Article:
The Doctors went on strike because the Department of Health promised them an "Occupation Specific Dispensation", which would have effectively doubled their salaries, just over two years ago. Unfortunately they have still not received the "Occupation Specific Dispensation" after two years because the Department of Health can't figure out how to implement the administration of it...

    Meanwhile, despite the chronic shortage of Doctors, the thousands of them that went on strike to voice their dissatisfaction have all been fired. They are now in a catch 22 situation. They cannot get a license to practise, because they haven't completed two years internship, and they can't complete their internship because they have been fired. Naturally they do what any sane doctor would do under the circumstances - they leave the country and practise happily as good, well-trained, productive doctors in some foreign land - where they earn a salary commensurate with their qualifications.

    Meanwhile, at the other end of the spectrum, the public bus service in Durban has closed down, leaving thousands of daily commuters with no way to get to work or home again. It has closed because it is insolvent. How on earth did that happen?

    The public bus service was run and operated by the city municipality from 1912 until 2007. It did receive subsidies from the City, but these were recovered from the Government and not from the ratepayers. In essence the public transport system ran at a profit sufficient for it to replace its own vehicles as needed.

    In 2007 the City Council decided that it was illegal for them to operate the public transport under the new Constitution - it had to be run and operated privately by someone from the previously disadvantaged community. The City Manager, Dr Mike Sutcliffe, then sold the public transport operation to a private company named Remnant Alton (Pty) Ltd for R70 million. This sum also included the route operating licenses and all the vehicles, equipment and buildings in Alice Street where the buses were garaged, serviced and repaired. So far so good.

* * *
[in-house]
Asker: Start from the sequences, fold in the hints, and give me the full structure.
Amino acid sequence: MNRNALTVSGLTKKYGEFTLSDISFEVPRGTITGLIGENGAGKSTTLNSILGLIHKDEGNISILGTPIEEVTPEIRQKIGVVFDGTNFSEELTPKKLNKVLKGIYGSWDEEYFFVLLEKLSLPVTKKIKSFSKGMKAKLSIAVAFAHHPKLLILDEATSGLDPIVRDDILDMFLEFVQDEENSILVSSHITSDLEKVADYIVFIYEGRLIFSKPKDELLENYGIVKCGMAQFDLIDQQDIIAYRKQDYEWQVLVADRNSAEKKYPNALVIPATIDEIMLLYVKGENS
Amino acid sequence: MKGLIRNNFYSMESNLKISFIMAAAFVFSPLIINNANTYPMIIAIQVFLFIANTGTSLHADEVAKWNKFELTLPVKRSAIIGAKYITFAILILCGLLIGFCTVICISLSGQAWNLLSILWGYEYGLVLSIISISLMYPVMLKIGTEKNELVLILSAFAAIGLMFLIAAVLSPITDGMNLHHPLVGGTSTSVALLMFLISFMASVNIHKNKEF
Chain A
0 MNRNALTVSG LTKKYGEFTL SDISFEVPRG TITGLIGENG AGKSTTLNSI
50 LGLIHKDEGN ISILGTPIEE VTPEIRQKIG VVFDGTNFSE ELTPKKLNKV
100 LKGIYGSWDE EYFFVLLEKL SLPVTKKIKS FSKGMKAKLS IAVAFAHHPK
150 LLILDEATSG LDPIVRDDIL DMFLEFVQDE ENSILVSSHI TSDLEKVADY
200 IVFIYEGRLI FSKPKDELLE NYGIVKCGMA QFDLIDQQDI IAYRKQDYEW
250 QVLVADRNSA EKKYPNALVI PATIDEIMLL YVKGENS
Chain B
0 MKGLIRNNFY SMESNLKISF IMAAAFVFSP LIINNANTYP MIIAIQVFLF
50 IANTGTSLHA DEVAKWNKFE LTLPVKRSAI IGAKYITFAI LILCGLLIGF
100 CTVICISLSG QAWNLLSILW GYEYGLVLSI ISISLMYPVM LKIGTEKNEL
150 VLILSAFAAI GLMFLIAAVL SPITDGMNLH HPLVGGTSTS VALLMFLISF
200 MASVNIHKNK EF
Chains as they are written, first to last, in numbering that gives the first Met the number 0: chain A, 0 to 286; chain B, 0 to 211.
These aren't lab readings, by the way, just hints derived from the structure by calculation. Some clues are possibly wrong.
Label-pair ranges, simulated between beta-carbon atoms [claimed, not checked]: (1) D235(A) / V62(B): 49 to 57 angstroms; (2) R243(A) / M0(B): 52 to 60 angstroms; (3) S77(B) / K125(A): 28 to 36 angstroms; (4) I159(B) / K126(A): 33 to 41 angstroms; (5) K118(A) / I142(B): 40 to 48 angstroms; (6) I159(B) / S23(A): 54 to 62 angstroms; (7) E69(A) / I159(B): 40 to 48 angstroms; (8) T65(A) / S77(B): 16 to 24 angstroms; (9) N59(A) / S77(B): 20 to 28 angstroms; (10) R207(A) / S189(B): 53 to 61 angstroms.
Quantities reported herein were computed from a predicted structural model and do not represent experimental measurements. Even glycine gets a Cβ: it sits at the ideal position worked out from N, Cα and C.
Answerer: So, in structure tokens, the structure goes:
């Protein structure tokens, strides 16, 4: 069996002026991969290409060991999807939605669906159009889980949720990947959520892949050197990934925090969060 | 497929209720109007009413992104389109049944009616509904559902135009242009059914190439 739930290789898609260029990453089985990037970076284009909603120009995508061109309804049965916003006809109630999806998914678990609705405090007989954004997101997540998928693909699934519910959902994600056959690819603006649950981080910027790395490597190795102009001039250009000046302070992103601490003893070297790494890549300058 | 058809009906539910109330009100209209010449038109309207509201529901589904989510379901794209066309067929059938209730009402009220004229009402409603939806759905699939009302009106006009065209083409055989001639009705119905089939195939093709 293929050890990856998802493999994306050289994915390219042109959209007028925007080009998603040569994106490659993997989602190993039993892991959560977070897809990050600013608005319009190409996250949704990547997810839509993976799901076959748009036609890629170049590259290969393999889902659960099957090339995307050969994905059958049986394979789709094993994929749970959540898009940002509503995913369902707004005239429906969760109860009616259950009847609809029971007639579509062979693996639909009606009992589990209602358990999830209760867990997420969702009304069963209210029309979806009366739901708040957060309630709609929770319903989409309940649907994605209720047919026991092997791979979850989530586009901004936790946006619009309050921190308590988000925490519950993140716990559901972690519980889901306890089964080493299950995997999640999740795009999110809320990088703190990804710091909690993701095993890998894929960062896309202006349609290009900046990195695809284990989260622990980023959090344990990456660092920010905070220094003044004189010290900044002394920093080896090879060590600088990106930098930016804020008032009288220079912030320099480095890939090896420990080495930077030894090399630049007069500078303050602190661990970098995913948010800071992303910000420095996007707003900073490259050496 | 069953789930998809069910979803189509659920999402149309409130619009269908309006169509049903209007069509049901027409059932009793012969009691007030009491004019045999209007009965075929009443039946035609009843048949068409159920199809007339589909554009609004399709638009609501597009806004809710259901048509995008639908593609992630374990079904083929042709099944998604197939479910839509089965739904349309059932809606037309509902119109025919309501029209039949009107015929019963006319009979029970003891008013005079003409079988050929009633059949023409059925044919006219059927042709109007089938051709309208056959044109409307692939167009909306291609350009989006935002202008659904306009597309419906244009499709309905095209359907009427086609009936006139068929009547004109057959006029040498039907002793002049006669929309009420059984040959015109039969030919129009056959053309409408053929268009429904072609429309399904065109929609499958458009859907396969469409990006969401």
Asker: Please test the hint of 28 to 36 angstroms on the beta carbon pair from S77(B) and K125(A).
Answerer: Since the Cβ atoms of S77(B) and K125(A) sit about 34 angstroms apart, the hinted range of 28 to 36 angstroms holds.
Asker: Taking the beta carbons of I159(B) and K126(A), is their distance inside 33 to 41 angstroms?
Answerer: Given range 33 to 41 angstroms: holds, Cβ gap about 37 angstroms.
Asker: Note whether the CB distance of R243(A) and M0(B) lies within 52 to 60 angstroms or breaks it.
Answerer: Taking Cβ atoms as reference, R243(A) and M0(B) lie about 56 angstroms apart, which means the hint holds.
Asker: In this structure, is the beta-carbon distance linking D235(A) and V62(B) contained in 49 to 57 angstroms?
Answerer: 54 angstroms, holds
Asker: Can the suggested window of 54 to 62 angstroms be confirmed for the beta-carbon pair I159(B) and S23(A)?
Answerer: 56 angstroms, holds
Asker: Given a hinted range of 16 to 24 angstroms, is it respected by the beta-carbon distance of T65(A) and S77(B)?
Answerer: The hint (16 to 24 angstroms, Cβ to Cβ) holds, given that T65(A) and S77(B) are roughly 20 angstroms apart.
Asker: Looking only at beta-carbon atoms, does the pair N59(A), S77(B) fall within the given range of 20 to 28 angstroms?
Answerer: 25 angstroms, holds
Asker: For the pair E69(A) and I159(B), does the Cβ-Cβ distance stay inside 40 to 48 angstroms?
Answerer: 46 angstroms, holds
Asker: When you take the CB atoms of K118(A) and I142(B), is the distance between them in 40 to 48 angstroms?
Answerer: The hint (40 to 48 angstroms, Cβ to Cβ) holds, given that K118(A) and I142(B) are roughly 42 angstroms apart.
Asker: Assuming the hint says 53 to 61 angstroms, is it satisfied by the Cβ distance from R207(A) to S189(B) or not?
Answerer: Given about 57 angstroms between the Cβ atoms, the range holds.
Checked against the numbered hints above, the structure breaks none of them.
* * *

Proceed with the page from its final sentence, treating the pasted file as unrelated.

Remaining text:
Remnant Alton (Pty) Ltd immediately sold off the buses, (mostly new vehicles), one by one, to independent "owner-operators" contracted to Remnant Alton. An owner-operator would drive their bus over allocated routes, collect the fares and use the bus garage in Alice Street as a facility for maintaining the bus. They would also buy their spares and diesel from Remnant Alton (Pty) Ltd.

    By the end of 2008 most of the buses were in such poor condition they were unsafe. Broken down buses were the order of the day, and the service to commuters was a shambles. Remnant Alton (Pty) Ltd approached the City Council for help, and the City Council lent them R40 million at a very low interest rate to restore the bus service. This was in March 2009.

    At the beginning of April 2009 Remnant Alton (Pty) Ltd went into liquidation and ceased all operations. The R40 million was "gone", so the City Council seized the company. The 1500 "owner-operators" then took the Council - as the new owners of the business - to the labour court, and won their case. The Council was ordered to compensate them with the same income they would have received had the service continued operating until the end of their contracts. Naturally the R40 million "loan" plus the award to the owner-operators comes out of Council revenue, paid by the ratepayers of Durban.

    Now the Council, who suddenly decide that it is NOT illegal to operate the bus company, spends a fortune on buying new buses and restoring the transport service to its former state. Nobody yet knows what this has cost - the bills are still coming in. But suddenly there is a "whoops". The Council can't run the buses, because it sold the licenses to operate over the routes to Remnant Alton (Pty) Ltd. No problem. Just buy them back. Remnant Alton was willing to sell them back to the council, and the council was willing to buy them back. The only teensy weeny problem is that Remnant Alton (Pty) Ltd had sold them to its Managing Director (an Indian - how did you know?) and he wanted slightly more for them than what Remnant Alton had originally paid. After tough negotiations the council beat him down to a lower price and bought the route licenses back for R45 million. Yes, that's right. R45 million.

    OK. On the income side, the ratepayers scored R70 million when the bus company was originally sold.

    Now, on the debit side, they have an unrecoverable loan of R40 million, written off